Challenges Of The Future Law Office - Bringing Client Service Closer To Client Needs Better addressing the broader needs of internal clients will continue to be a priority for in-house counsel.

Saturday, October 1, 2005 - 01:00

Charles A. Volkert
Robert Half Legal

At its best, the practice of law has always been about serving the client's needs. But as lawyers' roles and duties have evolved, the gap between the type of service that attorneys provide and the actual needs of clients has widened. Recognizing this, both law firms and corporate legal departments have recently been devoting considerably more time and effort to enhancing the quality of client service.

Future Law Office 2005: Client Service - Challenges and Strategies, the most recent white paper in Robert Half Legal's ongoing research project, examines key trends and developments in the legal profession. According to our research, the push to improve client service levels is likely to continue to command attention in the future. In-house counsel are responding in a variety of ways that allow them to better serve executive management and other internal clients.

Combining Legal And Business Advice

While recent years have seen increasing specialization among lawyers, this has not come without a price. As their focus has narrowed, many attorneys have lost much of their traditional panoramic business perspective. As a result, a growing number of law firm clients as well as internal corporate clients say they are no longer receiving practical advice that takes into consideration their legal needs as well as the unique realities of their business and industry. Our research shows they want attorneys to provide a combination of legal counsel and business guidance.

Corporate legal departments are addressing these needs by striving to better understand the business side of their companies. This involves gaining a deeper knowledge of their organizations' history, culture, industry, competitors and current challenges.

Many general counsel now encourage attorneys to make site visits to various law offices or locations to build relationships with selected company managers throughout the enterprise. Asking questions about a business unit's operations and even attending routine meetings offers lawyers a feel for a division's major priorities and needs. This knowledge allows them to make insightful analyses and offer helpful recommendations.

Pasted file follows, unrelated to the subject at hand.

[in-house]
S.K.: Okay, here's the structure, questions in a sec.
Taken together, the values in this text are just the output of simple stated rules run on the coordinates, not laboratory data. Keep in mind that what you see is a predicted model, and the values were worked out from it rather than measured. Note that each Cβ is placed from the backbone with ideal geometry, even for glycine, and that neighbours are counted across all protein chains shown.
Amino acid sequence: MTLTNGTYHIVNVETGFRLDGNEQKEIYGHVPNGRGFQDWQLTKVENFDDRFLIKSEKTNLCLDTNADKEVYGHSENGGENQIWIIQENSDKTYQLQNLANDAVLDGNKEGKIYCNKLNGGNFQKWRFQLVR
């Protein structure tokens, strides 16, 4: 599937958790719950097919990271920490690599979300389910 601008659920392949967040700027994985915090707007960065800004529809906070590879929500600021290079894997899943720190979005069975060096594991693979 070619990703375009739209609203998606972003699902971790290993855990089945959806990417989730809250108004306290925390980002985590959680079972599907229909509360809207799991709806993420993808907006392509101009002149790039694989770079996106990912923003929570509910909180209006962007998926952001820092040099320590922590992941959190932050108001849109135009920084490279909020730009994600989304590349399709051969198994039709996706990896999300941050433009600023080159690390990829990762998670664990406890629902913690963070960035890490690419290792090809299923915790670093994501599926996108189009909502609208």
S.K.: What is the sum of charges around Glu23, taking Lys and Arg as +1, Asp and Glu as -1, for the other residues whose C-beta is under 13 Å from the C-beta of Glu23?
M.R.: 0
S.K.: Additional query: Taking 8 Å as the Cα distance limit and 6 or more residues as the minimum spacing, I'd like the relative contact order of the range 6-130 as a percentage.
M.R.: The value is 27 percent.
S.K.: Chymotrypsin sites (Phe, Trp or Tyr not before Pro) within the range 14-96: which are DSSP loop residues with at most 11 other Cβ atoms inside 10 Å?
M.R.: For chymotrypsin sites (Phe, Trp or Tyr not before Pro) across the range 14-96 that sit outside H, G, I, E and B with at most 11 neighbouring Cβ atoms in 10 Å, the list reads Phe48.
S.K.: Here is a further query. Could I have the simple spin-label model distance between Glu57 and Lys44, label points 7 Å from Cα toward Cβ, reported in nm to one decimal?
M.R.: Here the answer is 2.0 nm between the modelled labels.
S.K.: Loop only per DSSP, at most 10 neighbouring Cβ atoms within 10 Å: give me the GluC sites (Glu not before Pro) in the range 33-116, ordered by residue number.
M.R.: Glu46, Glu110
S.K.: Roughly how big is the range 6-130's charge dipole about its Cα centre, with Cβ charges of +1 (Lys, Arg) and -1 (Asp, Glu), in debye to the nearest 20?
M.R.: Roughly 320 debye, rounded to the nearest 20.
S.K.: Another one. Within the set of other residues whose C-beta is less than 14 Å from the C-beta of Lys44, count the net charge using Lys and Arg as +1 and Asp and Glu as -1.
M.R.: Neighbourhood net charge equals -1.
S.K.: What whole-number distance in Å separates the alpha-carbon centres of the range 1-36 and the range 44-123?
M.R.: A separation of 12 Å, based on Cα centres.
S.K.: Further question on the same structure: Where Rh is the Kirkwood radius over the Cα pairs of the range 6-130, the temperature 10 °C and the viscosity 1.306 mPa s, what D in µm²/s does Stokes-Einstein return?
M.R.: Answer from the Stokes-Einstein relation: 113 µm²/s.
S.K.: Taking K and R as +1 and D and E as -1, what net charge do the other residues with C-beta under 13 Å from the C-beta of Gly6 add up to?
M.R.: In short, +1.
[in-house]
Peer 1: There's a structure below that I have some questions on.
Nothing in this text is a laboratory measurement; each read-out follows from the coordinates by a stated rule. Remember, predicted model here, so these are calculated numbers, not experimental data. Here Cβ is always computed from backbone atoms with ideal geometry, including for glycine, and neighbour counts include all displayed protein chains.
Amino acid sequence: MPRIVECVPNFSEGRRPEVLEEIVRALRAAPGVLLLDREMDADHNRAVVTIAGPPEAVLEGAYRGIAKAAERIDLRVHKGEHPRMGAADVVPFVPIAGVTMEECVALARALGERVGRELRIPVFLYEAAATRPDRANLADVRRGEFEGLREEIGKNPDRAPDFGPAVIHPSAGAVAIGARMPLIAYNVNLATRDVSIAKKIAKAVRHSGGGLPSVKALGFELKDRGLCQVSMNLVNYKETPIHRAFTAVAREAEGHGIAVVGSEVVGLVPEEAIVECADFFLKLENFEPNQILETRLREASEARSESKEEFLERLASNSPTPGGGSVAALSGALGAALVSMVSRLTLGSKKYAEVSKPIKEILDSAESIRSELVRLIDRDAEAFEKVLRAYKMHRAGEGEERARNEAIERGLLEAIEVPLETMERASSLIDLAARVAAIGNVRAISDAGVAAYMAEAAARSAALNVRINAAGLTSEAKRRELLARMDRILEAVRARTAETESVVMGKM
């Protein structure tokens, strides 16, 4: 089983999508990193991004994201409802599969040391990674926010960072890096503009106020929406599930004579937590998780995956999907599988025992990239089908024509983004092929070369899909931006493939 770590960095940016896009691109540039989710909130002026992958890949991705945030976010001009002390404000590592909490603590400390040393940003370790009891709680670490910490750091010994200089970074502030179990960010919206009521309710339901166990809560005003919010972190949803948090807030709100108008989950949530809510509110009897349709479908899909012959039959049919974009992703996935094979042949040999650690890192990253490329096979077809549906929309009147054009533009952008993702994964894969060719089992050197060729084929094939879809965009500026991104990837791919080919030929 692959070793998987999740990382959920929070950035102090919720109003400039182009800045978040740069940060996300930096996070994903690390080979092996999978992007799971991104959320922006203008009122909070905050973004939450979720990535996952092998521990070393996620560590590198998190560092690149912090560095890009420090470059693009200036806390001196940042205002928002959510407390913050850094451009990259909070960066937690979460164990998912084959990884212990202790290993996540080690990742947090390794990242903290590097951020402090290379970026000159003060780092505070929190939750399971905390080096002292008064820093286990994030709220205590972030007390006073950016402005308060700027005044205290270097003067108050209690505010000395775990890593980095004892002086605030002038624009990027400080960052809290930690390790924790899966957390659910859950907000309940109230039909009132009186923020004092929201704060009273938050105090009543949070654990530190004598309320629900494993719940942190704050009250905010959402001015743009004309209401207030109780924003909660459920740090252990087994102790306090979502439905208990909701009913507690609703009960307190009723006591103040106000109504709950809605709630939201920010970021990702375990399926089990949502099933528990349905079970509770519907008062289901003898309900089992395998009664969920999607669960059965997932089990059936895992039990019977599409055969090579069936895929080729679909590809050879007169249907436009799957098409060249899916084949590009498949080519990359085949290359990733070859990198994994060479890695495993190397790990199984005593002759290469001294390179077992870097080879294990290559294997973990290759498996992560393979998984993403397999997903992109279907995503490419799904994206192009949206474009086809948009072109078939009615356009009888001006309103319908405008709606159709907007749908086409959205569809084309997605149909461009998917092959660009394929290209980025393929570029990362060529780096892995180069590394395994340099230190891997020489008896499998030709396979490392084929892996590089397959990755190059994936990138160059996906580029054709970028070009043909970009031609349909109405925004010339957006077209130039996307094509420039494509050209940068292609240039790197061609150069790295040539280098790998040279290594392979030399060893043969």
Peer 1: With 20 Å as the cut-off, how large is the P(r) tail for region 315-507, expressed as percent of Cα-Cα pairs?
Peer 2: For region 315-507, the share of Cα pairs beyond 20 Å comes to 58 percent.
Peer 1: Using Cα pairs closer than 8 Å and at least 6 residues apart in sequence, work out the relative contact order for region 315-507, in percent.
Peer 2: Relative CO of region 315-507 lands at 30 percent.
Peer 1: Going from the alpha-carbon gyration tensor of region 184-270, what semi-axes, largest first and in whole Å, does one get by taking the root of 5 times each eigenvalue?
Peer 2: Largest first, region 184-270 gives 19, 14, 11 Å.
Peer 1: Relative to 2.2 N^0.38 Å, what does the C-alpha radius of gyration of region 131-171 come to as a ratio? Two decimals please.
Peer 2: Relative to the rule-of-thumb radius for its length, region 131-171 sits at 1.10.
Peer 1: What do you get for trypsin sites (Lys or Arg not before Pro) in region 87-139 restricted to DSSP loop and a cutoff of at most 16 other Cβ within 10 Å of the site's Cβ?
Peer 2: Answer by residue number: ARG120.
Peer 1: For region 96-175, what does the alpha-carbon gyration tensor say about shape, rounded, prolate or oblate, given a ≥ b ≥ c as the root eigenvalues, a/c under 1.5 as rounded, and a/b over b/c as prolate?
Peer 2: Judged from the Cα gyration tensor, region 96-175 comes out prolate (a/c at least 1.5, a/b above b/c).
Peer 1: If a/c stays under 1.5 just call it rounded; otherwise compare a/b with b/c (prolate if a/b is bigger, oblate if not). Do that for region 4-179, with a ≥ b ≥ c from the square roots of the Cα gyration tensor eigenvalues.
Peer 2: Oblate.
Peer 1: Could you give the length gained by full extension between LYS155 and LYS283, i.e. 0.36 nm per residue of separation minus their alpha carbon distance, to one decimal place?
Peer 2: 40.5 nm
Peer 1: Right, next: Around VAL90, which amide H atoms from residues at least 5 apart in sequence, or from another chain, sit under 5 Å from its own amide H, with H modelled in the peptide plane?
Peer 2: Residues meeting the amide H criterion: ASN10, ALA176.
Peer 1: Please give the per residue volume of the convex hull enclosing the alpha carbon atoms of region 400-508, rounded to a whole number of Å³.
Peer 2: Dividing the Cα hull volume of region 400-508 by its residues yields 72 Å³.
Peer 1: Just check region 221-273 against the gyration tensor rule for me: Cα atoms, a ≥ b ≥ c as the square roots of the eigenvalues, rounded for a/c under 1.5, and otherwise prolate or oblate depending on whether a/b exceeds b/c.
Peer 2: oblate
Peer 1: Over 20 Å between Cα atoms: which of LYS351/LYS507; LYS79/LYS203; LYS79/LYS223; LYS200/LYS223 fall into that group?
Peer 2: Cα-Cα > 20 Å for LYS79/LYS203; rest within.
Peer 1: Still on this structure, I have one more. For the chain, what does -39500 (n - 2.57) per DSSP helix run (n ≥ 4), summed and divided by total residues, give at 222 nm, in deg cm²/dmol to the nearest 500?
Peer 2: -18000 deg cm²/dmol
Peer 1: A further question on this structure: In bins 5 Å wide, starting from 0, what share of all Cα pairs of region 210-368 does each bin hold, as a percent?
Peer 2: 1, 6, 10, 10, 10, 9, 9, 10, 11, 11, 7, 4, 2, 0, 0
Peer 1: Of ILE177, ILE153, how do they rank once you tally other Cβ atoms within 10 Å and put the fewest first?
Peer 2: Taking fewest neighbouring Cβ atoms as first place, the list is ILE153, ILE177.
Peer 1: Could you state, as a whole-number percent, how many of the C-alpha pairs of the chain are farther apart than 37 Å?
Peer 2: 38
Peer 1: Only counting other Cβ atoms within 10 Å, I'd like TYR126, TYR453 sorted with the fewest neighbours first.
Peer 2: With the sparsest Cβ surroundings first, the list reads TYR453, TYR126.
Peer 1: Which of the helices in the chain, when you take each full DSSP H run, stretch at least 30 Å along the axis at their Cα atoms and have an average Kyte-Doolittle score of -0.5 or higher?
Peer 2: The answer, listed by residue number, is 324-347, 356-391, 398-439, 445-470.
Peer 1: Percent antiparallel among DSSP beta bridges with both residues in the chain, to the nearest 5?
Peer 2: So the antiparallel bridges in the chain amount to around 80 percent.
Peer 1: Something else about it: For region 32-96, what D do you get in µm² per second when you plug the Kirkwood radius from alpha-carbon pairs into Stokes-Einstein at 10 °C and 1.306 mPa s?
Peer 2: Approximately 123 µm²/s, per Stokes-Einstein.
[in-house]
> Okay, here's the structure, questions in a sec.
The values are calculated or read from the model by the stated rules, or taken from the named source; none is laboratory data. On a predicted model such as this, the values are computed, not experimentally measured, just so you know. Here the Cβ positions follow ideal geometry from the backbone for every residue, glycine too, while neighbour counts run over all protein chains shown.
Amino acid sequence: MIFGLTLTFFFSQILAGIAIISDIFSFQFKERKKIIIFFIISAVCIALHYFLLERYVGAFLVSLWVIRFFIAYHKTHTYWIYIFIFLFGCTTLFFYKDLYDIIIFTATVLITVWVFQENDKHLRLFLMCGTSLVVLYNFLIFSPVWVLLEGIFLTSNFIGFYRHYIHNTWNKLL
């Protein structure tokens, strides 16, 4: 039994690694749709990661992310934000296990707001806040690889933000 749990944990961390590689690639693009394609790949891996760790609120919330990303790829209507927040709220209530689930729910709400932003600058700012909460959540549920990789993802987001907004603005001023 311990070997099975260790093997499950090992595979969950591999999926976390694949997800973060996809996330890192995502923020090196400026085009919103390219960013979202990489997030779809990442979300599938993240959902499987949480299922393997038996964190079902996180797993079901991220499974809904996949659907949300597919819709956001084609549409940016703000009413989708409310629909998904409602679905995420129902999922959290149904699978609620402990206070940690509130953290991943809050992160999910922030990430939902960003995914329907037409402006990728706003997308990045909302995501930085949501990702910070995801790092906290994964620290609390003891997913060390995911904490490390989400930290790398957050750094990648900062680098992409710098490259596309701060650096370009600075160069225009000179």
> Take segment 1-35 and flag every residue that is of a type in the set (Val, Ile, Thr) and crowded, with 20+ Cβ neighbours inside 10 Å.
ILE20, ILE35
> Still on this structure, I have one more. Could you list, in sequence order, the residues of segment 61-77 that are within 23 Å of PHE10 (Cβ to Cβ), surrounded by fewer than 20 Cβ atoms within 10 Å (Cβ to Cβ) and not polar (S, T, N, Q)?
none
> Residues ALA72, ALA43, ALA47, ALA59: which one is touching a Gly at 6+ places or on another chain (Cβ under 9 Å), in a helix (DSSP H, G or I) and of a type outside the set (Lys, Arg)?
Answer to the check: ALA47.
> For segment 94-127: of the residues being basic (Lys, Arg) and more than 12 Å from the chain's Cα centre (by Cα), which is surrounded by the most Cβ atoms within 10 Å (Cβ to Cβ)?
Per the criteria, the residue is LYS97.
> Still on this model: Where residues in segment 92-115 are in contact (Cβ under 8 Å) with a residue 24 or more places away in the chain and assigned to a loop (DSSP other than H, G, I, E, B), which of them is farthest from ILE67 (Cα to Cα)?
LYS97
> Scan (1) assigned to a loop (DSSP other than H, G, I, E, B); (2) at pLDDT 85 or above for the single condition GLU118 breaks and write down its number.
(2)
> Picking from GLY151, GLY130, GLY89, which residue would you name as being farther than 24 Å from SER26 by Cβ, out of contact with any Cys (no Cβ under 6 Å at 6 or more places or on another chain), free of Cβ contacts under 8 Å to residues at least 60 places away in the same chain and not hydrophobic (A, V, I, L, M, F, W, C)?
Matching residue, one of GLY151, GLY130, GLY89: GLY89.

Some departments are restructuring to better accommodate client needs. They may designate a single "client service" representative who coordinates services and ensures that legal work is assigned to the appropriate attorney or practice group within the company. Multi-national companies that employ a large number of attorneys frequently base lawyers specializing in distinct practice areas in geographically dispersed company offices rather than centralizing them in a single location.

Supporting Regulatory Reform

Nowhere has the growing need for enhanced service been more pronounced for corporate legal departments than in their support of regulatory compliance. As legal departments of both public and private companies assist their companies in complying with governance mandates, most notably the Sarbanes-Oxley Act of 2002 (SOA), in-house counsel have sharpened their focus on process, procedure and ethical rigor.

In-house counsel are contributing to compliance efforts by establishing ethics oversight boards, protecting "whistleblowers" and amending the company code of conduct. They also are playing key roles in handling an increase in regulatory inquiries, investigations and litigation resulting from the legislation.

Corporate governance issues will continue to be a central issue for legal departments in the future as compliance is ongoing. Lawyers with private companies and nonprofits also are paying close attention to accounting regulations. As SOA becomes the benchmark against which every company's financial reporting, disclosure and corporate governance practices are measured, many of these organizations are implementing similar procedures even though they are not yet required to do so. In some cases, this is in response to pressure from outside stakeholders, including industry regulators, lenders, insurers, government entities and accountants for proof of sound internal controls.

These ongoing regulatory needs are yet another reason in-house counsel will continue to redefine their relationships with other departments in their companies. In fact, legal departments will likely become centers of ethical leadership as they institutionalize compliance initiatives, many of which are still informal.

Requiring More From Outside Counsel

Corporate counsel today look to their law firms for more than just specific advice about discrete legal matters. They want broader, more strategic business guidance.

For example, as corporate clients continue to send business functions offsite to domestic or overseas vendors, they will turn to outside counsel for guidance in properly setting up and managing these contractual relationships. As a result, many law firms are expanding their service offerings to include outsourcing-related law. Legal departments expect outside counsel to work throughout the life of an outsourcing agreement - which can last up to five years - to continually protect the company and arrange a solid working relationship with the outsourcing vendor.

Lowering Departmental Expenses

For most corporate legal departments, offering effective client service includes keeping a tight control over the cost of their operations. Even though some companies are expanding in response to improved economic conditions, many in-house counsel continue to be under tremendous pressure to cut costs and conserve resources.